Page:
There are those who say Boston sports fans are spoiled by this run of championships. I prefer to replace that word with blessed.
And if you look up “blessed” in the dictionary, there’s a photograph of a young Boston fan. He’s not quite 18 years old, but had seen 11 world championships in his lifetime through Saturday. He’s got long, flowing hair that the hockey players prefer, so it pokes out from the back of their helmets. His smile is wide, showing his perfectly fixed teeth, thanks to $4,000 and endless appointments at the orthodontist.
That grin is also enhanced by achievements of Boston’s top four sports teams, winning at least one championship, and the New England Patriots, led by Tom Brady — before Sunday — winning five of them.
Meet my son, Tommy.
No, he’s not named after everybody’s favorite GOAT. It’s just happenstance that we liked the name and, partway into our Tommy’s first year of life, Drew Bledsoe was steamrolled by a New York Jets linebacker and put on the disabled list.
The rest is sports legend.
Sixth-round draft pick, number 199, led the Patriots to their first Super Bowl win in February of 2002. Even after that year, some New England fans pined for Bledsoe’s return. I was a Bledsoe guy in the endless Bledsoe-Brady debate that raged after he got healthy late in that 2001 season. Bledsoe was a good quarterback, the No. 1 pick, who delivered the Patriots from lovable losers to contenders. He even brought them to a Super Bowl, but lost. Players like that don’t lose their job due to injury.
But those playoff wins, particularly the Snow Bowl (a.k.a. the Tuck Rule game), when Brady unleashed an aerial attack in the most difficult of circumstances, and the eventual Super Bowl win over the St. Louis Rams, solidified me as a Brady guy.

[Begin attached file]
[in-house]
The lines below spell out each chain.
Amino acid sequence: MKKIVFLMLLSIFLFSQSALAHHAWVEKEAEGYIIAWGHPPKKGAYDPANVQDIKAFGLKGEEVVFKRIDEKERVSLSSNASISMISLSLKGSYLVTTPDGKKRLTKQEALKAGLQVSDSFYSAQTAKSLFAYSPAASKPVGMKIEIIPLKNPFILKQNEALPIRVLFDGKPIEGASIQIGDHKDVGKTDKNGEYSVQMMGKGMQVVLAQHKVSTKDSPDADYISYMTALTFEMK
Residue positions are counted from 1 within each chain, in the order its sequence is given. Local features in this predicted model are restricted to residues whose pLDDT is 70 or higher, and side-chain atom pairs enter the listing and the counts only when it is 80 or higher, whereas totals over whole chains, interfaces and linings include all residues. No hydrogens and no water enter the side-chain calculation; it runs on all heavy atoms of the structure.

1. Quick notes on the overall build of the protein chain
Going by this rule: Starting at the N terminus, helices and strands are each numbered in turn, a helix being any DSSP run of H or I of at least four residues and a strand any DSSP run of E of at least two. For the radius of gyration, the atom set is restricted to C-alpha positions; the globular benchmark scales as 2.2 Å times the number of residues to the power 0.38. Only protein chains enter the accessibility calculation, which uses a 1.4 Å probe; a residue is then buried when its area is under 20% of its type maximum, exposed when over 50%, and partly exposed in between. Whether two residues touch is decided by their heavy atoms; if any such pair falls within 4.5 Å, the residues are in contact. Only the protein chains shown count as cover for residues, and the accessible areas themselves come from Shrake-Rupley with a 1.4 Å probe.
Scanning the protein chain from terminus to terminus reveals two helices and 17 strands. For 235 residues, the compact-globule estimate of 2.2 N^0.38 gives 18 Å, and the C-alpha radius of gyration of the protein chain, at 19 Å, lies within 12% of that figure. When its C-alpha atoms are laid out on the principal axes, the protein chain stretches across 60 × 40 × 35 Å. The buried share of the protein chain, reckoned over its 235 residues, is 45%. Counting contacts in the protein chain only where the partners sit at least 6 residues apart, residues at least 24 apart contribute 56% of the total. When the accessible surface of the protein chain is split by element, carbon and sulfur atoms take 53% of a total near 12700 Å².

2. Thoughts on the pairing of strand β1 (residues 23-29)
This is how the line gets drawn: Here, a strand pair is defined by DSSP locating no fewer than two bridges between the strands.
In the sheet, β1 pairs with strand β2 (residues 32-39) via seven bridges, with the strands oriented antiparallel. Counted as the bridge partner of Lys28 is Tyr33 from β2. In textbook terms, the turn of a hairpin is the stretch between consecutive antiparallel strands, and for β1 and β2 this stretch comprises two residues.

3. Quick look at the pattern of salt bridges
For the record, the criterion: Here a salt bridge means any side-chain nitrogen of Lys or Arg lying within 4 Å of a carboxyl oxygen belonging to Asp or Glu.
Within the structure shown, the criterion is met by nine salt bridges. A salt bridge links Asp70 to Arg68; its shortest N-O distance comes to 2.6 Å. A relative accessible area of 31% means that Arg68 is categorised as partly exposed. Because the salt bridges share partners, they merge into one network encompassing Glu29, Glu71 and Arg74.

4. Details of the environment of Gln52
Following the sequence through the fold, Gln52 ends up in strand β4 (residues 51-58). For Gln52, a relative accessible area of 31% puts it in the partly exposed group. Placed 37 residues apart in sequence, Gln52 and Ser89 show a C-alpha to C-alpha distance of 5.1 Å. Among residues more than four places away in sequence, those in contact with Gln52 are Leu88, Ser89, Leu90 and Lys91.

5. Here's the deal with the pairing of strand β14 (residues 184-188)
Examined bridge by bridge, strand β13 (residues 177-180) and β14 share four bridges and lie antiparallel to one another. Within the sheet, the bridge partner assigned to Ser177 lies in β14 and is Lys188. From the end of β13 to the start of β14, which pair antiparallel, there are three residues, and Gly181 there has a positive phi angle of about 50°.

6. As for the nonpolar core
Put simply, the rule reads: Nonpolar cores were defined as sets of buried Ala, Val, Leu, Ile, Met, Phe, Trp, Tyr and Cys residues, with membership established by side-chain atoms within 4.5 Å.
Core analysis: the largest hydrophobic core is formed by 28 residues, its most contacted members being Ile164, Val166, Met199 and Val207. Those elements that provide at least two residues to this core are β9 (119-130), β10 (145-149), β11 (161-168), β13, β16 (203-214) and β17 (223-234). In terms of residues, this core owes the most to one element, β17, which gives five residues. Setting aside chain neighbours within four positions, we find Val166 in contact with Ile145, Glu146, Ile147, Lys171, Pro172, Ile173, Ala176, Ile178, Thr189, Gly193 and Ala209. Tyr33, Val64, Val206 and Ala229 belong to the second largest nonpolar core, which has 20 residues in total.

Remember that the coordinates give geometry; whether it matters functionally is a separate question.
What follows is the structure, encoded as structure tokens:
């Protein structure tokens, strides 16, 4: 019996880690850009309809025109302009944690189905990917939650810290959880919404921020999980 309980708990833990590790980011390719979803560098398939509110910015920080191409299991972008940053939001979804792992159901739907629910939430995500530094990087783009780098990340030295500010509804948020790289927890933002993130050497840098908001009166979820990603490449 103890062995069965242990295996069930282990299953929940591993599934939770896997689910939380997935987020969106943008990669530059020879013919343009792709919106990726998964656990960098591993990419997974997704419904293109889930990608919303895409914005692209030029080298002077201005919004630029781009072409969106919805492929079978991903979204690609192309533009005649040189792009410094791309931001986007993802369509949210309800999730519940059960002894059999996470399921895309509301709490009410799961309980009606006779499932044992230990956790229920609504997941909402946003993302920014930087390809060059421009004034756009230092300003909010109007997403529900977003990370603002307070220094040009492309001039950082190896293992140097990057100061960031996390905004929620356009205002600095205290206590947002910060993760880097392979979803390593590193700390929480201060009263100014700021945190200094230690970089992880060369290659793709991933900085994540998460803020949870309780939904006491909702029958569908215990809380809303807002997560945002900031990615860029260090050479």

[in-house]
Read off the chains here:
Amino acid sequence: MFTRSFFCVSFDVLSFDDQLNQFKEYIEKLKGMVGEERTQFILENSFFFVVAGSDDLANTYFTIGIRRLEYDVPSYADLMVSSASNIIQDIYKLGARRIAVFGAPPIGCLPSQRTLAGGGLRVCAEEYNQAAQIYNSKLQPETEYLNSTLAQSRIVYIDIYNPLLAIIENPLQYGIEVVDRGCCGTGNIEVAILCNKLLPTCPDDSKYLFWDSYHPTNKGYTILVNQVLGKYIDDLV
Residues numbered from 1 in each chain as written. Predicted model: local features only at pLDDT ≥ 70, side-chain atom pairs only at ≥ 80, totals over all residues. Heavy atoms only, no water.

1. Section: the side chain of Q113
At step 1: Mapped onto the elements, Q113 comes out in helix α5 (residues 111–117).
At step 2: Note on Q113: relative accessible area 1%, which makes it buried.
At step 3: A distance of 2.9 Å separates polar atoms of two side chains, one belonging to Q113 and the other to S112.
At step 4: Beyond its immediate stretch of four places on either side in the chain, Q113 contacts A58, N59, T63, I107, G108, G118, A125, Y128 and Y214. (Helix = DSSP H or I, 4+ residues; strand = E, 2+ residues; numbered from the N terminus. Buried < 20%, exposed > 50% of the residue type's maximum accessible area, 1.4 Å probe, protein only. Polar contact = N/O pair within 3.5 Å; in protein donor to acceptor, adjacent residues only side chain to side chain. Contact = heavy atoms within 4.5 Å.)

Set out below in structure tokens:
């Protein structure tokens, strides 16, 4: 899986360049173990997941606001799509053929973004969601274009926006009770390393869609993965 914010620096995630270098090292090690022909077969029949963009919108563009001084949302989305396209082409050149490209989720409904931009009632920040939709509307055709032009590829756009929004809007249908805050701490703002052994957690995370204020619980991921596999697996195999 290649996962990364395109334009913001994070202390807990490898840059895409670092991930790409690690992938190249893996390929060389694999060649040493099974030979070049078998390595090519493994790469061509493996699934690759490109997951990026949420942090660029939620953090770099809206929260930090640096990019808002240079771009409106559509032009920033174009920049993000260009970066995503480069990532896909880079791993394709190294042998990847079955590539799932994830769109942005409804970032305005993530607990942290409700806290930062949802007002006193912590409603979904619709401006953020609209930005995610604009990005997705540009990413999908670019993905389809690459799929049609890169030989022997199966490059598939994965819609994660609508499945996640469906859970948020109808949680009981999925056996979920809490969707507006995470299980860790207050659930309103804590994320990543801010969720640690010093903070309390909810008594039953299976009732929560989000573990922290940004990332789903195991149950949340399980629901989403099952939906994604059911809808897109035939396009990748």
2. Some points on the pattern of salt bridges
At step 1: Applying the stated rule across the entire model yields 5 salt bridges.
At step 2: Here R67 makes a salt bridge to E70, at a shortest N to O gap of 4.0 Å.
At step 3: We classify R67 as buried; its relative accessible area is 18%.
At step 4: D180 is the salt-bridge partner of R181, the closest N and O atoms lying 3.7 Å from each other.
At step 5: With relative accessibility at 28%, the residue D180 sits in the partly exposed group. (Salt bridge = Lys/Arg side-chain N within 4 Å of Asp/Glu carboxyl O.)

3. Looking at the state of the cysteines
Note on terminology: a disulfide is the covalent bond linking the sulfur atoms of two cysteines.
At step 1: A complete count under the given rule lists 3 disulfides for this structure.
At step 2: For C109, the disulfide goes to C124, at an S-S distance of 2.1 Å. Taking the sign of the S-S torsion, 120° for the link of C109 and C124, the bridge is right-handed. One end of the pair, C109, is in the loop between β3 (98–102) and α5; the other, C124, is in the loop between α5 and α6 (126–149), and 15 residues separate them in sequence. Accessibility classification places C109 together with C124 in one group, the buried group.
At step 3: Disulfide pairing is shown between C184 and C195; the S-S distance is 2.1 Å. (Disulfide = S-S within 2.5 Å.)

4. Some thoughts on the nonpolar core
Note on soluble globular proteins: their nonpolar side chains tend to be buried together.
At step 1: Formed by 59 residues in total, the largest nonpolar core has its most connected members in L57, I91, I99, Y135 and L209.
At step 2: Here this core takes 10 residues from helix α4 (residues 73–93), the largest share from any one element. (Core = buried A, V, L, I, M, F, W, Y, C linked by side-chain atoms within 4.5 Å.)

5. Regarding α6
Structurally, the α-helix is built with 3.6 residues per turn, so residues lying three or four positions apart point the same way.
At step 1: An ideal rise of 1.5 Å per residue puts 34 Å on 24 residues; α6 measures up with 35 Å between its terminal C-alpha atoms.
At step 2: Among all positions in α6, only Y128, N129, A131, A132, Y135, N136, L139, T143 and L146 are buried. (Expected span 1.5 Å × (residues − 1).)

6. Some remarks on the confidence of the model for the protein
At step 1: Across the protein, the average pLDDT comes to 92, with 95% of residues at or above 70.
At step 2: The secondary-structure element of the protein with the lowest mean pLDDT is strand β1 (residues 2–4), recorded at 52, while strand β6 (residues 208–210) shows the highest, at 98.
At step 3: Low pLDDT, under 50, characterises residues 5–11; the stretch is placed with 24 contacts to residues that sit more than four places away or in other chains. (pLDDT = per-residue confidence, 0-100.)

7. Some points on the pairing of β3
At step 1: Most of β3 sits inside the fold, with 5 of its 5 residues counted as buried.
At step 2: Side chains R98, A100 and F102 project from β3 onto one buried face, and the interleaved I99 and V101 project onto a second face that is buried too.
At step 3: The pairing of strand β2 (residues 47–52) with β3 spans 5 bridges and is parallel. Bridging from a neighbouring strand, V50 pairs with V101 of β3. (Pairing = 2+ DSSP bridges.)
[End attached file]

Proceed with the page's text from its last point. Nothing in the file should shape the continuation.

That was my son’s first real introduction to football. My wife and daughter were asleep, but Tommy started to stir in his crib just as Adam Vinatieri was lined up to kick a game-tying field goal in the snow. “Hold on …” I said quietly as he became more unsettled.
The kick was good, I muffled a scream of joy, and pulled Tommy from his crib to settle him down and watch overtime. A 23-yard field goal won the game and started this wild ride.
Incredible? Yes. Unprecedented? Let’s go to the history books.
Over the weekend, I looked at my own first 18 years. I was born in 1963, and it turns out that Boston sports teams also won 11 championships before I turned 18 in 1981. The difference? It was the Boston Celtics, led by another GOAT, Bill Russell, who dominated in those days. Nine of the championships were by the Celts, and two were by the Bobby Orr–led Boston Bruins. That was a pretty good stretch, and it could have been even better. The Red Sox were so close in 1967, and even closer in 1975.
The Patriots? They lost more than they won, and some Sundays we couldn’t even watch them on TV because they couldn’t sell out the old Schaefer Stadium. But I did love them — Steve Grogan, Steve Nelson, Russ Francis, Stanley Morgan, and Randy Vataha (Julian Edelman before Edelman). The Pats had one playoff game lost on a lame roughing-the-passer call against Oakland Raiders quarterback Ken Stabler, in what would have been their best chance to make a Super Bowl in those days. Look it up.
So after that look back down memory lane, there we were — me and my son tied for championship runs, 11-11, going into Sunday.
Both blessed beyond belief.
After I turned 18, everything sort of went south for Boston sports teams. I suffered through that beatdown by the Chicago Bears in the ’85 Super Bowl. It was as if that team got hit by a Refrigerator.
Then, soon after, there was that Billy Buckner game in ’86 for the Red Sox. Champagne was left corked in the refrigerator.
The Bruins provided some life, but could never quite get past those dastardly Canadiens, and when they did make the Stanley Cup finals, hockey’s GOAT, Wayne Gretzky of the Edmonton Oilers, and later Mark Messier, were waiting for them.
Still, there were glimmers of goodness thanks to Larry Bird, Kevin McHale, and Robert Parish. The Big Three brought home three more NBA banners.
The ’90s, though, were awful. Those terrible Jose Canseco Red Sox teams. The Celtics had tragedy after tragedy. Bruins ownership wouldn’t spend any dough on good players.
Change centuries, and Loserville turned back into the City of Champions.
On Sunday, still a few days shy of his 18th birthday, my son took over as most blessed in our family after Tom Brady and the Patriots won a sixth Super Bowl. Now it really is an unprecedented 18-year run, with 12 championships.
Congratulations and happy birthday, Tommy boy.
To the victors go the spoils — er, blessings.